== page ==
The Protestant Reformation challenged the traditional idea of work, with Martin Luther arguing that God’s Will could be fulfilled by individuals working hard. Labour was seen as a service to God, an outlook which helped to normalise the long, gruelling working hours which defined the Industrial Revolution. These ideas proved useful for an economic system which was based on, as Marx wrote, production “for production’s sake”. Max Weber, who coined the term ‘the Protestant work ethic’, argued that the rise of these ideas ensured that capitalism would surface in Europe before it would in any other part of the planet.

The work ethic transformed over time, gradually becoming more secular to reflect societal values. Where people once served God, we now aim to be seen as “contributing” to society, a perverse form of social Darwinism under which humans beings must justify their existence through “hard work” before they can benefit from the fruits of civilisation. The unemployed, the elderly and the disabled are seen as a “burden” on society, living a life of luxury at the expense of the mythical “taxpayer”.

In the United States, the ‘American Dream’ played on the unrealistic aspirations held by many working people, who were conned into believing they could one day be millionaires, provided they put in the work. During the World Wars and the subsequent recovery, the population was called upon to work in the ‘national interest’, a term which has been resurrected by the right following the global financial collapse of 2008. Today, as Sharon Beder pointed out, “the work ethic is promoted primarily in terms of work being a responsibility both to the family and the nation”. She went on to explain:

“As we begin the twenty first century work and production has become ends in themselves. Employment has become such a priority that much environmental degradation is justified merely on the grounds that it provides jobs. And people are so concerned to keep their jobs that they are willing to do what their employers require of them even if they believe it is wrong or environmentally destructive.”

The capitalist work ethic is often used as a vicious weapon of class warfare. It dehumanises us and commodifies our very being. We are not seen as individuals with aspirations and interests; we are mere beasts of burden, with the sole life purpose of “working hard”. Our lives should not be defined merely by productivity nor should we have to justify our existence by proving to others our ability and willingness to “work hard”. Human progress is about overcoming the need for human toil as much as is practicable, and this is a case the left needs to make. As the great Scottish trade unionist Jimmy Reid once quipped: “A rat race is for rats. We are not rats. We are human beings.”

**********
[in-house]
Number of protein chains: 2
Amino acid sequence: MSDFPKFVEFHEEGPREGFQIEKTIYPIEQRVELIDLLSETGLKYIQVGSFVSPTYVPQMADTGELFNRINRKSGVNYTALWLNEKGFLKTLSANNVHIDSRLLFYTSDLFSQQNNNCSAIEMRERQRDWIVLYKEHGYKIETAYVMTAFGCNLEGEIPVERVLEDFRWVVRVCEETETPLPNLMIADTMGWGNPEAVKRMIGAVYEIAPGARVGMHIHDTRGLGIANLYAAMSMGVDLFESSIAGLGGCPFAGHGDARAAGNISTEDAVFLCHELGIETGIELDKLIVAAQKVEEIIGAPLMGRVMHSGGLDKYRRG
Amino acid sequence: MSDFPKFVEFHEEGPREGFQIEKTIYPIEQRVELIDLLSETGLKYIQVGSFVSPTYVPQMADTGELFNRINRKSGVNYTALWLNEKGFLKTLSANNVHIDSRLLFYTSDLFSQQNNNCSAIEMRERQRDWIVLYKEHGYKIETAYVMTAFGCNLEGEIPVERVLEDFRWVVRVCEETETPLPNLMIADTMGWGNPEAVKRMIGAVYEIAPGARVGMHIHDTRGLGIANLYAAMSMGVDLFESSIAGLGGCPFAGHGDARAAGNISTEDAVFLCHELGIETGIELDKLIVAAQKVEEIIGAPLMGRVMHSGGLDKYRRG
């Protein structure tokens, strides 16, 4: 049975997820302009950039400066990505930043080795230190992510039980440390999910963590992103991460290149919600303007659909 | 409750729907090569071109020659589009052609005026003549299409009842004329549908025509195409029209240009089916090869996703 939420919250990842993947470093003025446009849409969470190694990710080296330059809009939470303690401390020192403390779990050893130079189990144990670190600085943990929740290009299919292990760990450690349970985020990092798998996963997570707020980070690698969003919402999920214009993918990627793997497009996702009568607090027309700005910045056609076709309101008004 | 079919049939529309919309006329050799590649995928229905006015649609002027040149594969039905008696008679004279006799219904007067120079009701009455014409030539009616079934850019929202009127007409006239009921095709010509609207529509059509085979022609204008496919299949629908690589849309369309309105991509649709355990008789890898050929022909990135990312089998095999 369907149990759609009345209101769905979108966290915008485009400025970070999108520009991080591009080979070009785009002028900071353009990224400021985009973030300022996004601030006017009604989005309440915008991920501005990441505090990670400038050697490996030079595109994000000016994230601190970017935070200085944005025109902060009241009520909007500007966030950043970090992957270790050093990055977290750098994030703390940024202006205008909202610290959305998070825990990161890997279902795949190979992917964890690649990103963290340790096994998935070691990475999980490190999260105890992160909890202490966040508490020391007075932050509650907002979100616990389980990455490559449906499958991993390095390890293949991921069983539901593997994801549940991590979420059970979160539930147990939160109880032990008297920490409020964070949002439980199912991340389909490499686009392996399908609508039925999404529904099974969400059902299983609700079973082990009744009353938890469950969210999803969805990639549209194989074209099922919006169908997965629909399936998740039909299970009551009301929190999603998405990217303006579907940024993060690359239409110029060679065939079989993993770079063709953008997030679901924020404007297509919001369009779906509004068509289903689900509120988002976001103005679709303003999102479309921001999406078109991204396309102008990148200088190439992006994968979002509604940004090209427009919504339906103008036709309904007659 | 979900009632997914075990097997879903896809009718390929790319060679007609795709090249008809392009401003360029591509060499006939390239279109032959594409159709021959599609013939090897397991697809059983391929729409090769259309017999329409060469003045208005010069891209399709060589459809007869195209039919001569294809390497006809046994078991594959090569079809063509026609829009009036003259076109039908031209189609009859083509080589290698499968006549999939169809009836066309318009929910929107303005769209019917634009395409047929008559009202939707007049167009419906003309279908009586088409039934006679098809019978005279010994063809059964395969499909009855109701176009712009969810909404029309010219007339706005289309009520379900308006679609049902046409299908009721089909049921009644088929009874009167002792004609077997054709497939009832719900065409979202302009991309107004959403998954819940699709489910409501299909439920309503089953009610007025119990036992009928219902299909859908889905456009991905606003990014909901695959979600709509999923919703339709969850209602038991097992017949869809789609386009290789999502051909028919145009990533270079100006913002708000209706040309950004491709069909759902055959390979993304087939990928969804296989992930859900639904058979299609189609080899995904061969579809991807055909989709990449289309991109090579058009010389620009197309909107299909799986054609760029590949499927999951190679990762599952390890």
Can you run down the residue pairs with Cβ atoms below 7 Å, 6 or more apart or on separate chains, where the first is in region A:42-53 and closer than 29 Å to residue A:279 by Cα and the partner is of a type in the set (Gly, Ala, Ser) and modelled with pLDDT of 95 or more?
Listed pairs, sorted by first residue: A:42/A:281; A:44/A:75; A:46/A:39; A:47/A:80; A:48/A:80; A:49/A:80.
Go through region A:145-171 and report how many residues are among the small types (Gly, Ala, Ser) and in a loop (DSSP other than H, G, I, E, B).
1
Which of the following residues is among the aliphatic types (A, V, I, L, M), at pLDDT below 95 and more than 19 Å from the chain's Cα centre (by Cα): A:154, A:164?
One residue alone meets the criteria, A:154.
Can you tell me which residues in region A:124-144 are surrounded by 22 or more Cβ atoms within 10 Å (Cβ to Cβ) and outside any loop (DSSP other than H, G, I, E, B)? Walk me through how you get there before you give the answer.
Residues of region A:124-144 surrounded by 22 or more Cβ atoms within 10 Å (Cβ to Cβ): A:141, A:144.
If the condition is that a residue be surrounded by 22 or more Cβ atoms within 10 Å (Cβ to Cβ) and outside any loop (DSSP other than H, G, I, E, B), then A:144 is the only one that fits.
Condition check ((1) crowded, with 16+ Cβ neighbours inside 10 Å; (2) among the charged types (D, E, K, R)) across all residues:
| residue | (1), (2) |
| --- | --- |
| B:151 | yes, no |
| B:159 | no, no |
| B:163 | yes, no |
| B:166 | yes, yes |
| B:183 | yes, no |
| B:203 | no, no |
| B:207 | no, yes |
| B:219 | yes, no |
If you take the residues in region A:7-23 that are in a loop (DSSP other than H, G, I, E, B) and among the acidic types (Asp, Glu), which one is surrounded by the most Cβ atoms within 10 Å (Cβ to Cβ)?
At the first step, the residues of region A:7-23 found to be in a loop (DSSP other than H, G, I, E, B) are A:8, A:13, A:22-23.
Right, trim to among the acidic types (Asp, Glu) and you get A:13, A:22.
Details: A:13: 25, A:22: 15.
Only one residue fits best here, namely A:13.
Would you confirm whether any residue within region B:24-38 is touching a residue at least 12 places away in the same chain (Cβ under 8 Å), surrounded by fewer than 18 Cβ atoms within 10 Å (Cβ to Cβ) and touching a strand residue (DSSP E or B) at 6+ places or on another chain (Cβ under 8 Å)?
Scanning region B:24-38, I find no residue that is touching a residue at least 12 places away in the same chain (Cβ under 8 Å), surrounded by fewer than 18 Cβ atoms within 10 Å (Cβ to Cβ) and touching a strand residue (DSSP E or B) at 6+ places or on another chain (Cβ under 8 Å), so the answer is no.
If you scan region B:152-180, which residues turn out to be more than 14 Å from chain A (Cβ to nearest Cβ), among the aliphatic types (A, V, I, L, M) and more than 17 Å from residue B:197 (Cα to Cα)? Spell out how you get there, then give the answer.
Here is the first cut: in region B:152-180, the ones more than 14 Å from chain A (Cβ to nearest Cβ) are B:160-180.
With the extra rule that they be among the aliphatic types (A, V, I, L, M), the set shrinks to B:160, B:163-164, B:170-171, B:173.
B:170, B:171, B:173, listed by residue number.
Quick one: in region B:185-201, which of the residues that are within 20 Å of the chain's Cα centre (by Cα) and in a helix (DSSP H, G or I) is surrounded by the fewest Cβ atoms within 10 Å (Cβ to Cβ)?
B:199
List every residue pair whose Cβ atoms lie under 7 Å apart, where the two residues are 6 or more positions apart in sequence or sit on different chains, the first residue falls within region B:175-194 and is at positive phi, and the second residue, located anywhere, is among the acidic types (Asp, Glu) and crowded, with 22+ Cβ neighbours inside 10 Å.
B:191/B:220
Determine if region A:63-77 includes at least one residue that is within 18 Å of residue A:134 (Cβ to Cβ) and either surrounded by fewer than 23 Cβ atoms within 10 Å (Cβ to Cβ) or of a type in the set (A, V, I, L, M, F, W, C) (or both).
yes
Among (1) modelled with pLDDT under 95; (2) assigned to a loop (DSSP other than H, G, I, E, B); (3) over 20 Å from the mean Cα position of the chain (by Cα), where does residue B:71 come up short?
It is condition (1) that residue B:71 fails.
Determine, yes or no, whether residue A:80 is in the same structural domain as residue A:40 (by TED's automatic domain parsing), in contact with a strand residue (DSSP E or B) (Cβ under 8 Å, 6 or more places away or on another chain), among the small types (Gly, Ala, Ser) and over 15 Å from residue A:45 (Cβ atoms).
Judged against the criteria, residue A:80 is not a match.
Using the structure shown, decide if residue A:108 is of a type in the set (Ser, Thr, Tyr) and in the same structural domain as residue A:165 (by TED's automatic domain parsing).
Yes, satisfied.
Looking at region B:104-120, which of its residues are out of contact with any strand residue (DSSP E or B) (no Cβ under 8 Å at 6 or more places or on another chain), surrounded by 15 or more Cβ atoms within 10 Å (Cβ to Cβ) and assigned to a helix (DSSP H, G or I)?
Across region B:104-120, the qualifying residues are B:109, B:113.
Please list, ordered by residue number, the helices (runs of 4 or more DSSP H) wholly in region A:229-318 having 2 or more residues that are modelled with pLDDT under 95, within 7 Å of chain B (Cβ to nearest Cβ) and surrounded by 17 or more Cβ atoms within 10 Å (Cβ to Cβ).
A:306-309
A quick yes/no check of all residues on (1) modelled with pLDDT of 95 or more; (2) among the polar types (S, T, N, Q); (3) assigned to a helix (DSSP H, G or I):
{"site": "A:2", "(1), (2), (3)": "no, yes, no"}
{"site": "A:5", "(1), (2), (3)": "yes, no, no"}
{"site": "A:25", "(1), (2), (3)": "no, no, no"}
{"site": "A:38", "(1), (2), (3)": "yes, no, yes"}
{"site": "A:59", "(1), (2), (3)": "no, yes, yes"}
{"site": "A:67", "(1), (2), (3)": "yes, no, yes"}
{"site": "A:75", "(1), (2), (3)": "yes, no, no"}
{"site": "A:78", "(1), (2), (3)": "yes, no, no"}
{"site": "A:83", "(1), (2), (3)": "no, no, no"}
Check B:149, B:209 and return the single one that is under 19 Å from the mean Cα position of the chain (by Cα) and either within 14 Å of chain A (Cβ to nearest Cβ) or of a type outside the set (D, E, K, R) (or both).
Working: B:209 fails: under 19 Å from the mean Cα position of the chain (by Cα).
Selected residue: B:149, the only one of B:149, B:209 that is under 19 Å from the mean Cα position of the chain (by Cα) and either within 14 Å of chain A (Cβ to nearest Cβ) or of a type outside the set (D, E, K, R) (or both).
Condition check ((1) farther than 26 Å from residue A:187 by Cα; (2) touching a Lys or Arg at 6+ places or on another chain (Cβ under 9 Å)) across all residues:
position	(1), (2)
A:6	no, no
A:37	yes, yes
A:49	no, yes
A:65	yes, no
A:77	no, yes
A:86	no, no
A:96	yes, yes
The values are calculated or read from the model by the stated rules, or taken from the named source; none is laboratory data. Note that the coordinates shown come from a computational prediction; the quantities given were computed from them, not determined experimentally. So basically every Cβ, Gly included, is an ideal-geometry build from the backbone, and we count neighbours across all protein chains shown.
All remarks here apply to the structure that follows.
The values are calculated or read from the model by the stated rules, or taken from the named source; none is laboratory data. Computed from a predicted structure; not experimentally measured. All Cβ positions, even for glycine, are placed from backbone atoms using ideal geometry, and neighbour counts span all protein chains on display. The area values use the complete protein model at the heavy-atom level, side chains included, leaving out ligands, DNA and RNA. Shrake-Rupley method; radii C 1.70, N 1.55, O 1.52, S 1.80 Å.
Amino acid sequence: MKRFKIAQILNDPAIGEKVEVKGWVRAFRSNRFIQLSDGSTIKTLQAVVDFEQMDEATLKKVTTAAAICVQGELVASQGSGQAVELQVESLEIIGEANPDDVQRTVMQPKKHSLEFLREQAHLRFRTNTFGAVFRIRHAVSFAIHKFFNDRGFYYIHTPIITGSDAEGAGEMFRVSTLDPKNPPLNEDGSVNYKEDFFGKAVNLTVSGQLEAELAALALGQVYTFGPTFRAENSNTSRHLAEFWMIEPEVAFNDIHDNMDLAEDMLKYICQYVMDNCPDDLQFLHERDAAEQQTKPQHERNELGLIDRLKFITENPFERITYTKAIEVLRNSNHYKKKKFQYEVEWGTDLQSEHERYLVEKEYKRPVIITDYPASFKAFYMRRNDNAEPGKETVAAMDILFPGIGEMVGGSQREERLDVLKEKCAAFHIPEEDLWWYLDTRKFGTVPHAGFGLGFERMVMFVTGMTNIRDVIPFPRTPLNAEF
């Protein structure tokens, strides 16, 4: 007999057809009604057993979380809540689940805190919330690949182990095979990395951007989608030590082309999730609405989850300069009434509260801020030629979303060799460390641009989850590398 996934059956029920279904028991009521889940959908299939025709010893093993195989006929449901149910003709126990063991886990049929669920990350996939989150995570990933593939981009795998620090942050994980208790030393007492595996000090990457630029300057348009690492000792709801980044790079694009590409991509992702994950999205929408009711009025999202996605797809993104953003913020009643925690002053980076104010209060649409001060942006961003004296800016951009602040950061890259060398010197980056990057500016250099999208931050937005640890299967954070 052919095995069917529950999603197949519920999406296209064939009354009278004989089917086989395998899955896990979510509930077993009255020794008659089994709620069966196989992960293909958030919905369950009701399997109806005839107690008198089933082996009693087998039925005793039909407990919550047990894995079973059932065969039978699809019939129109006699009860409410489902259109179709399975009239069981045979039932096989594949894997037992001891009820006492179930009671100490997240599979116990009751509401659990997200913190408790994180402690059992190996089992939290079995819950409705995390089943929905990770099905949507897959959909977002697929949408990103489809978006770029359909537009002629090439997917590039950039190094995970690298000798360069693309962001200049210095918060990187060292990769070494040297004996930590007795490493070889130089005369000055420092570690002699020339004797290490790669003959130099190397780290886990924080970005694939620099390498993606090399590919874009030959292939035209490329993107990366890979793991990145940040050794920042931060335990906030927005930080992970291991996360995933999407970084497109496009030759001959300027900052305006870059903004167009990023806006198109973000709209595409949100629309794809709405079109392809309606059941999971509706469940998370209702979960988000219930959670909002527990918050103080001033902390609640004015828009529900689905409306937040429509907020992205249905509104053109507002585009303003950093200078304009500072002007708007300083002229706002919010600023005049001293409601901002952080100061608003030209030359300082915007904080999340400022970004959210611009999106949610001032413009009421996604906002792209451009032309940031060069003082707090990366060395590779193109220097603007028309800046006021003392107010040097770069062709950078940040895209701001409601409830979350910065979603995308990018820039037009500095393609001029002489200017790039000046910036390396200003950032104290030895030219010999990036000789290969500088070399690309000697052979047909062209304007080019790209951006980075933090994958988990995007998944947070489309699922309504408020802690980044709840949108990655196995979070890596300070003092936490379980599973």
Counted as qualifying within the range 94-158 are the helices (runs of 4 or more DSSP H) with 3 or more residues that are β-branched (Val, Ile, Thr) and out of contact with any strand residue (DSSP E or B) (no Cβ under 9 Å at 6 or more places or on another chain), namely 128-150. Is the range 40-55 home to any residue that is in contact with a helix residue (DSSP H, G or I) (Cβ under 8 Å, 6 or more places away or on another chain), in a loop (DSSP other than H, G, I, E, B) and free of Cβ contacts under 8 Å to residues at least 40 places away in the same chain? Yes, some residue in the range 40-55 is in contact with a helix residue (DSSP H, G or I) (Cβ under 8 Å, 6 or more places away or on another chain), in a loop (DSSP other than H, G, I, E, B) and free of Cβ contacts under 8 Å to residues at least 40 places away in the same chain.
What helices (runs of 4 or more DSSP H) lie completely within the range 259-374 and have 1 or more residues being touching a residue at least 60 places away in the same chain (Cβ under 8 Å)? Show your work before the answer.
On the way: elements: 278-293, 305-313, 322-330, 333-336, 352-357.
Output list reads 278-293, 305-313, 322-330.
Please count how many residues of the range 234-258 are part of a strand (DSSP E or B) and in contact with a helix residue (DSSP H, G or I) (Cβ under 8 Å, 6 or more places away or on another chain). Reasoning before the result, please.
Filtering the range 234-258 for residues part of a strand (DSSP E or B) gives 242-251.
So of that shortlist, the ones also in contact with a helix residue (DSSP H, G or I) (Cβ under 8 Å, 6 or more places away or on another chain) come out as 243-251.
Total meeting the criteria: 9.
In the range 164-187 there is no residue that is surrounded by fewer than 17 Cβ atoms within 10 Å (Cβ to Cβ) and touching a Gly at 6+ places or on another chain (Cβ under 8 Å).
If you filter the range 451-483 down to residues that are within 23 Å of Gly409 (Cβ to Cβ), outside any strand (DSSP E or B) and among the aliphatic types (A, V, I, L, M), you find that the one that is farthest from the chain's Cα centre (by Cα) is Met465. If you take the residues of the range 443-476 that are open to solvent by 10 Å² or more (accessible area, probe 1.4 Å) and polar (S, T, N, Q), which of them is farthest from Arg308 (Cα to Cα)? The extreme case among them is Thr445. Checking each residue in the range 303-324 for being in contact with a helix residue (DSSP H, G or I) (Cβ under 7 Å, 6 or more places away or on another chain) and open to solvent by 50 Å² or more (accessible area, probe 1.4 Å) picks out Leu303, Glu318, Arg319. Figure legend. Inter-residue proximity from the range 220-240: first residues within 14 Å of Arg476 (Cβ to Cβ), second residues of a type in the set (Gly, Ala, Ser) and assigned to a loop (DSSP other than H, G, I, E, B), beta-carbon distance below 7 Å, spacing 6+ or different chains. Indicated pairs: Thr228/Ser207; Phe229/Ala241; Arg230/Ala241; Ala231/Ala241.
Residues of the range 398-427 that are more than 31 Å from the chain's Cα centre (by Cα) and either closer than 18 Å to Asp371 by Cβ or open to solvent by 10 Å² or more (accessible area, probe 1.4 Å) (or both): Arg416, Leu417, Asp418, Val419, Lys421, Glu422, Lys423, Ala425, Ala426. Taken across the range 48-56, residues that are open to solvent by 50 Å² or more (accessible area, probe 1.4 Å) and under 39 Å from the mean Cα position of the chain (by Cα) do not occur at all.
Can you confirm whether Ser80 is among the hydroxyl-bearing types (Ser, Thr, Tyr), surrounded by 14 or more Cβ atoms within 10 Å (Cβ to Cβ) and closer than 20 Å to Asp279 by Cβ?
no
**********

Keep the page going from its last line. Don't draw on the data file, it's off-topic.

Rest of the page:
This article was published in the Morning Star

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Next month, the leaders of the world’s eight richest countries will convene in County Fermanagh to hammer out how meddlesome foreign policies and a destructive economic doctrine known as austerity will be implemented over the next twelve months.  The G8 summit has been accompanied by an imposing mixture of merriment, glee and propaganda, revealing much about the state of Northern Ireland’s obedient local media.

The propaganda takes both a positive and a negative form.  On one hand, “business leaders” hail the summit as an enormous boost for the local economy, the silver bullet needed to rejuvenate a rural county long forgotten by policy makers. Absurd claims of a tourism boost go largely uncontested in a buttering-up process intended to encourage the population to notice only the pleasant side of deficit hawks, war criminals and a mafia gangster.

On the other hand, a malicious smear campaign has been orchestrated, lumping entirely peaceful protesters together with dissident republicans and fictional “anarchists”, who are said to exist in their thousands. The purpose of this is obvious. People are being intimidated with the threat of arrest and imprisonment if they take part in any counter demonstrations. The ‘liberal’ local Justice Minister, David Ford, has set aside an entire wing of the maximum security Maghaberry prison for “rioters” while the PSNI have employed the use of surveillance drones, remarkable by the fact that no main party in Stormont has so far voiced any concerns.

Press releases issued by the PSNI and local government have, predictably, been regurgitated by a local press eager for an easy news story. In a bizarre front page article earlier this month, the Irish News reported that “thousands of anarchists” were intending to take over buildings in Belfast during the summit. The scaremongering is blatant. Yet, any analysis explaining why many people feel the need to protest against the G8 is glaringly absent in the vast majority of news reports. Of course, little of this is surprising.

Since the end of the conflict in the north fifteen years ago, a new “common sense” has taken hold. The public sector is said to be “bloated” and the only remedy for our weak economy is to lure foreign investment by radically slashing taxes for the rich. The politics of green and orange is overlapped by an economic consensus which contends that “the markets” know best, taxes should be minimal and the role of the state is merely to facilitate the successful operation of private business.  Dublin academic Conor McCabe, author of Sins of the Father, describes this as the “double transition” – a transition towards both peace and neo-liberalism. “Eastern Europe, South Africa and Northern Ireland,” he wrote, “are all unique in terms of the dynamics of their history and geography. What they have in common is that they found themselves as societies in transition at a time when economic thought had solidified around neo-liberal principles.” To oppose an administration which has overseen a doubling of unemployment in six years is to oppose the ‘peace process’. “Sure it’s better than the Troubles,” is the popular reaction.